Wupbox is a website monitoring service that helps users keep tabs on the performance of their sites. Wupbox measures uptime, down time, response time, latency, and other key analytics. It does so from several world locations to give users an idea of how their sites are performing outside of their own borders. Users with paid accounts can check multiple websites. Since downtime can cost website owners a considerable amount of money in the form of lost business, these are certainly important statistics to watch. All of the information is delivered in a series of graphs and charts, and users can receive e-mail reports if they don’t want to log into Wupbox directly.
Wupbox was founded by David Mills in September of 2011. It is a UK based company. It does not seem to have attained much popularity or buzz, nor does it seem to have been as heavily promoted as it could have been.
Wupbox’s major competitors are Chartbeat, Get Clicky, and Visistat. All of the competing services offer more features than Wupbox. VisiStat actively helps users monitor traffic, which would seem to almost be a necessity for any product developed to help webmasters. VisiStat helps users track and capture leads, too. Get Clicky analyzes traffic, tweets, backlinks, and more. It also allows for visitor segmentation, and gives users detailed information about their site visitors. Chartbeat helps users understand whether or not visitors are even engaging in their site content. Given how little Wupbox does in comparison, it is clear there is a lot of room for this app to improve.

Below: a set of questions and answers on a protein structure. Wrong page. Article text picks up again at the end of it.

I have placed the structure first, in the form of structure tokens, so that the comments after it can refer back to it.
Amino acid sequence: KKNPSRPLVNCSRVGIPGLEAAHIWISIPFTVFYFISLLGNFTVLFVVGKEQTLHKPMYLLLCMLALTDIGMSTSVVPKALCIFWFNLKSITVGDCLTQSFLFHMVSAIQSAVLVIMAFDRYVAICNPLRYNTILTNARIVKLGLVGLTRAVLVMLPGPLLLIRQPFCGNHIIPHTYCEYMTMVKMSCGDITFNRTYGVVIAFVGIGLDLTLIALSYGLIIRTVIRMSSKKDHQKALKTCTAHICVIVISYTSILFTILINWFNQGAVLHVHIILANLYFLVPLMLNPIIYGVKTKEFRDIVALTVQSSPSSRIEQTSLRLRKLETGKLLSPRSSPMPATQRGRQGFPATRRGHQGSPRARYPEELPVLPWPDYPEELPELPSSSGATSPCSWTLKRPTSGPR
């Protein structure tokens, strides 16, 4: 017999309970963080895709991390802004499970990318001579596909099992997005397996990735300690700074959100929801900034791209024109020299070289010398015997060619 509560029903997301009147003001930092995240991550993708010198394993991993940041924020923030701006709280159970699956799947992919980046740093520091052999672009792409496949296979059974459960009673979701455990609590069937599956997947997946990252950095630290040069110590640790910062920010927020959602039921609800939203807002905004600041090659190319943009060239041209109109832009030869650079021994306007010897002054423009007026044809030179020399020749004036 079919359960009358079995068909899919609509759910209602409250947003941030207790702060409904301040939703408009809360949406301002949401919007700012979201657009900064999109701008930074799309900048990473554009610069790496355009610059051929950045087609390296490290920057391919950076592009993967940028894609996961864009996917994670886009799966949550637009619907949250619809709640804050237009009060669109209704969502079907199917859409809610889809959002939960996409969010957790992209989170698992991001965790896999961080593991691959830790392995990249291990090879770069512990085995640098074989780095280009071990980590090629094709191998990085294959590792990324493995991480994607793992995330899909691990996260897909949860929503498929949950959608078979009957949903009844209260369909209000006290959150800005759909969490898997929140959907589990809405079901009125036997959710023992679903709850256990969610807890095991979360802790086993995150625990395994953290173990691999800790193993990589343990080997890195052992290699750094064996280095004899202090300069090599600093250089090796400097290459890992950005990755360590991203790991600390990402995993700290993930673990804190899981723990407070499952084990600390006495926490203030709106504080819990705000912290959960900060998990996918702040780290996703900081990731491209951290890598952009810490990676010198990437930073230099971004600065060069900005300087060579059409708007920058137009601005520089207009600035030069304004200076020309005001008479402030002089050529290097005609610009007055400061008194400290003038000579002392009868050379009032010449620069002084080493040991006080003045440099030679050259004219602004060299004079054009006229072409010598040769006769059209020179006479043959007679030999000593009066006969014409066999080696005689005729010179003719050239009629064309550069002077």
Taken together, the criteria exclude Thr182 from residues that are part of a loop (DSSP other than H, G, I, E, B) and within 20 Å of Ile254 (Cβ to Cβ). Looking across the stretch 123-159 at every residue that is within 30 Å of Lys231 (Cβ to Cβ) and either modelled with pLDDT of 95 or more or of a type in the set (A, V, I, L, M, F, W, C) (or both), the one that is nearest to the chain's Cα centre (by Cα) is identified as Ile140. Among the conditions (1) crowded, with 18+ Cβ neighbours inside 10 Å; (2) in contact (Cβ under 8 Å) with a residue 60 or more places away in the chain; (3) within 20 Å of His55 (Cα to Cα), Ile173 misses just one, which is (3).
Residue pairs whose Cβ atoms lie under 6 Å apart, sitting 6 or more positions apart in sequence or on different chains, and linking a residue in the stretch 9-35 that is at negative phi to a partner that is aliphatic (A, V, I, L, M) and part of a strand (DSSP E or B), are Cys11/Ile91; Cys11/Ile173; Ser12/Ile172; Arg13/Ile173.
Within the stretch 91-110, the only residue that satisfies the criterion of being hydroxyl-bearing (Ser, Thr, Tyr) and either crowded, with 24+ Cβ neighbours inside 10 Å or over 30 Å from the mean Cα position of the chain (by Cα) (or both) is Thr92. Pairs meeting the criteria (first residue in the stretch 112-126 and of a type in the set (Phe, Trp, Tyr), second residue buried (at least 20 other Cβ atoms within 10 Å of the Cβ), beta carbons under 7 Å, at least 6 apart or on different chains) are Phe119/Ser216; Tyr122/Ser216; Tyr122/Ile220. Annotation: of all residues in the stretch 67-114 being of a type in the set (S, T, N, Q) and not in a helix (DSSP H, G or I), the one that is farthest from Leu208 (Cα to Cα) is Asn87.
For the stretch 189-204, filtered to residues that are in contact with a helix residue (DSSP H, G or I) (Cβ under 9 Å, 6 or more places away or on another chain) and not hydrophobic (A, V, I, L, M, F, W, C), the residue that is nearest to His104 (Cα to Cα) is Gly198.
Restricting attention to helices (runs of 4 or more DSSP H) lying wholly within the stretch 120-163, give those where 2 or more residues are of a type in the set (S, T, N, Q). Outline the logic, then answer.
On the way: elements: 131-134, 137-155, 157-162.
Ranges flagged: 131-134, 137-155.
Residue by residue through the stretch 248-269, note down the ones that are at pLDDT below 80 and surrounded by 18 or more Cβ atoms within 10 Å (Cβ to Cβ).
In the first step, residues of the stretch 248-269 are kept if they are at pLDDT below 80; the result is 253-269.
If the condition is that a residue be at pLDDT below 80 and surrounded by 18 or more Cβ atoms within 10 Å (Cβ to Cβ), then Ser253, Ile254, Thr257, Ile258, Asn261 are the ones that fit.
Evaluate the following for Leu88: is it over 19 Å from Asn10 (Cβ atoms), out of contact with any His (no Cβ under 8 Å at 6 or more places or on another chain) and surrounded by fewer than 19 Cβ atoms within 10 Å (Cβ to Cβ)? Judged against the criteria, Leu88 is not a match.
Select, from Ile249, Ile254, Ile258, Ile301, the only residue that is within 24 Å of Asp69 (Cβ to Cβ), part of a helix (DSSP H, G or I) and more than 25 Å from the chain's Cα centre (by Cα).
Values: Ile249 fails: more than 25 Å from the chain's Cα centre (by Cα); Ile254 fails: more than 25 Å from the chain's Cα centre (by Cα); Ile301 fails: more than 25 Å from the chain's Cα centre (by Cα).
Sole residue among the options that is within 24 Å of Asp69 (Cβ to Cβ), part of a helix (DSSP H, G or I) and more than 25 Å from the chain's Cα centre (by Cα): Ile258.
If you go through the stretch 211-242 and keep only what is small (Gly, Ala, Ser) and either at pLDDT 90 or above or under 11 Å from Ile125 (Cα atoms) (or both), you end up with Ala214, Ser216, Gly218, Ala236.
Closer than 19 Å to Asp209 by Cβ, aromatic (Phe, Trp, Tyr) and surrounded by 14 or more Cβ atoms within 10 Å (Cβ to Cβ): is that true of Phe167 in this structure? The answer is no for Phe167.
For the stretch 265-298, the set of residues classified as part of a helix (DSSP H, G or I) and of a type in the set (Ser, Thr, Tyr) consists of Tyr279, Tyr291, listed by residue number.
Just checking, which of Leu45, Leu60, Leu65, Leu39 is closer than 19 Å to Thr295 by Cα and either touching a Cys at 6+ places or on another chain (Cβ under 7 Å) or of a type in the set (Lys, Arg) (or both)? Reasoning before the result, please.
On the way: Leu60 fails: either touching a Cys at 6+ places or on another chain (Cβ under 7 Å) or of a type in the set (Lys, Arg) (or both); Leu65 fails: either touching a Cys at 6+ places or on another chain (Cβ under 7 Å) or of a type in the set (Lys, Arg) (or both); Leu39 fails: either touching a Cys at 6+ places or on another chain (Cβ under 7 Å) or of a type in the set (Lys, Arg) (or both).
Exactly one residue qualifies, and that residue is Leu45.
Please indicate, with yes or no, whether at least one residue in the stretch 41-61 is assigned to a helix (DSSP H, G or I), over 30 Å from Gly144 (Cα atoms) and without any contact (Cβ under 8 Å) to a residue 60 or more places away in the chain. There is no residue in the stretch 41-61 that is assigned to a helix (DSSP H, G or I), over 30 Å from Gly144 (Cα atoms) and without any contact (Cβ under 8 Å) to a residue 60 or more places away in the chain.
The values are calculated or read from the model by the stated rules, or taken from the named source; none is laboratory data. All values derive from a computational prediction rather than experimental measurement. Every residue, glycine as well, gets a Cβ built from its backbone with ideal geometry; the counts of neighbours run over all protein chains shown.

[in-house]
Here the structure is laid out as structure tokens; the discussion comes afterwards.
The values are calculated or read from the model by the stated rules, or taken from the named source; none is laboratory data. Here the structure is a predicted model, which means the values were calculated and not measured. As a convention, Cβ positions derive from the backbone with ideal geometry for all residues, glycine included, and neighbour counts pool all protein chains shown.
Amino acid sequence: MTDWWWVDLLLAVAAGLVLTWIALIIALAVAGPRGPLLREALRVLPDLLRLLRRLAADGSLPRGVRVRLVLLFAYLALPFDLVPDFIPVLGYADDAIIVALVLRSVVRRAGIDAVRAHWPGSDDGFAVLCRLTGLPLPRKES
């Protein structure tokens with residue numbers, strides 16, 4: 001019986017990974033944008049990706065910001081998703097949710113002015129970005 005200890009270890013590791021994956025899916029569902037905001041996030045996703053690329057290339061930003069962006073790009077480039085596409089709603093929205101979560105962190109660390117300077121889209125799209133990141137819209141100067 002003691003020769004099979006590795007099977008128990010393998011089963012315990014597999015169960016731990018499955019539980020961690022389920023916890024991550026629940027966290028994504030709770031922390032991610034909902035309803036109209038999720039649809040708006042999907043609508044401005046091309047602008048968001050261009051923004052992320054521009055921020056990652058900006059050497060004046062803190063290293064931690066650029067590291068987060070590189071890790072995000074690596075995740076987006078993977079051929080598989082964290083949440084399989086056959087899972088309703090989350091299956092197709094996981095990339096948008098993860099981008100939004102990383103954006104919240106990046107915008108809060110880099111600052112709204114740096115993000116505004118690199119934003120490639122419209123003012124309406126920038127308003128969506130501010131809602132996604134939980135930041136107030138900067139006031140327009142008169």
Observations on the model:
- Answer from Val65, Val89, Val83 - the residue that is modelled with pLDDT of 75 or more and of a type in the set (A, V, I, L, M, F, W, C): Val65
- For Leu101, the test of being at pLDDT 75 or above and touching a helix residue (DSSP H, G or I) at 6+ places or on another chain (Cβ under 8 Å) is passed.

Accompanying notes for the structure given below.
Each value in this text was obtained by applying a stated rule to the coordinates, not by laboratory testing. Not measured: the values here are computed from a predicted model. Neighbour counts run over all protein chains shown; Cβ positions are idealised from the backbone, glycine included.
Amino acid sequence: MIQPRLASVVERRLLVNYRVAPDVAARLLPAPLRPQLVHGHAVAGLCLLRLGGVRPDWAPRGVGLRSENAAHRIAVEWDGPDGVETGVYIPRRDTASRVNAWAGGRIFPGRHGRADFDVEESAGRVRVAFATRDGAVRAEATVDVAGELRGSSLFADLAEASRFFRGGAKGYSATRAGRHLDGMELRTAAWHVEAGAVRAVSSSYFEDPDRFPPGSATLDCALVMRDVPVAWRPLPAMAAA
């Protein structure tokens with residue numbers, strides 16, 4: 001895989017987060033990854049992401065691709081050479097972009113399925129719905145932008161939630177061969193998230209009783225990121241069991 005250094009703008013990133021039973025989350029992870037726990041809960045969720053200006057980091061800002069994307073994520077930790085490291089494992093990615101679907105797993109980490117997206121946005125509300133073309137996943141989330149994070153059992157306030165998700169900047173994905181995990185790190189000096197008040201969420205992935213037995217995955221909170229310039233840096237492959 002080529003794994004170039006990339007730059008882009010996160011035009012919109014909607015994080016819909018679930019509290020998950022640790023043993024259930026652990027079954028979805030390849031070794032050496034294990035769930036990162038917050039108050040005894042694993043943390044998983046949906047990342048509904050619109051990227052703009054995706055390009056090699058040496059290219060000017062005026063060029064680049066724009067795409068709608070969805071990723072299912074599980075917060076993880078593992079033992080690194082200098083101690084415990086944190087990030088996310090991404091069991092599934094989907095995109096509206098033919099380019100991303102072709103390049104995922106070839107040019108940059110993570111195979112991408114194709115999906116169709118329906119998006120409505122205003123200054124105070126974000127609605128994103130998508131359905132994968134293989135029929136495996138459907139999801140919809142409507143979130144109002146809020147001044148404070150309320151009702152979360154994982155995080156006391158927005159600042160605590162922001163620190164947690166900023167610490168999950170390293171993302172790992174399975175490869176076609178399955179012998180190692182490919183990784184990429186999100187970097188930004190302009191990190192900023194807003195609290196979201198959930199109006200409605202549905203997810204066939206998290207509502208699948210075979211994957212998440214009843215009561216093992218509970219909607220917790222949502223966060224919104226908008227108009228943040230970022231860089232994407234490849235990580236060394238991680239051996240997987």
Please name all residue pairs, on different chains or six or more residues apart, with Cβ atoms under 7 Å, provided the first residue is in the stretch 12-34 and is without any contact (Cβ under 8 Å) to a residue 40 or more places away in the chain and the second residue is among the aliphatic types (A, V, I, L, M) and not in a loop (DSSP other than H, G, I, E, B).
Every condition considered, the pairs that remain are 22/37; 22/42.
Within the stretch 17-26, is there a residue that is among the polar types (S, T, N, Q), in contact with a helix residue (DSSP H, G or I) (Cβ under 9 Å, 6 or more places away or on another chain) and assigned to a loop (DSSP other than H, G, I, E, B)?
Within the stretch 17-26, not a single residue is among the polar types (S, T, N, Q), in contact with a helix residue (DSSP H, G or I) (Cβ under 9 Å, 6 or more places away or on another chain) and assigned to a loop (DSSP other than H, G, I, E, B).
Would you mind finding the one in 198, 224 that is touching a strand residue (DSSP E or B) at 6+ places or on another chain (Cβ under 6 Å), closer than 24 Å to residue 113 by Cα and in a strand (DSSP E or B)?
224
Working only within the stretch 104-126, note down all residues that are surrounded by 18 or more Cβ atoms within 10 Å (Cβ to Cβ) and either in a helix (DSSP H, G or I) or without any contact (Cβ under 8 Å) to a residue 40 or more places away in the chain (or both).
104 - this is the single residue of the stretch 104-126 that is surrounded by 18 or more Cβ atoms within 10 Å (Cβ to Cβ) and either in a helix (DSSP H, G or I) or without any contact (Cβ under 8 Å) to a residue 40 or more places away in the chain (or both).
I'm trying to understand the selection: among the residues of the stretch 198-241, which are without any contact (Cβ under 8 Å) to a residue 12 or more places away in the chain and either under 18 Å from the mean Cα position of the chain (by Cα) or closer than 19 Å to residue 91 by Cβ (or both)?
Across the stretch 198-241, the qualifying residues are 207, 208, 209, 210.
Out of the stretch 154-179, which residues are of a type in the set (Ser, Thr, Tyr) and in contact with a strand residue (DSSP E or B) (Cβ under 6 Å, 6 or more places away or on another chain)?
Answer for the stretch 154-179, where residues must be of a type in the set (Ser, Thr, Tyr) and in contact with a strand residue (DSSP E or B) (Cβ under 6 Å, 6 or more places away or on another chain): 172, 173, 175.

The app is easy enough to use, and has a clean feel. Unfortunately it has focused exclusively on some of the least interesting and useful site stats out of the entire group of stats that webmasters care about. Sure, it’s good to know that the site performs smoothly in both Dublin and New York, but who is it performing for? There’s nothing particularly exciting about using this app, in part because of what it has chosen to target but also because the web interface seems designed to put visitors to sleep.
Registration is clunky. After choosing which version of Wupbox users wish to engage with users must enter some fairly standard information, but then users have to wait for Wupbox to send them a confirmation e-mail. Once the user has chased the e-mail down and clicked on the confirmation link he can get started. Many apps allow one to get started right away, without this tedious e-mail confirmation process.
There are three Wupbox account levels. A free account lets users monitor a single website. For $10 per month, users can monitor up to 5 websites. A $40 premium account allows users to monitor up to 30 websites.
If a user happens to be using an app that monitors everything but website speed and downtime, then the user might get some use out of Wupbox, simply as an alternative to changing everything over to an application that handles everything. Other users would be better served by finding a more comprehensive app.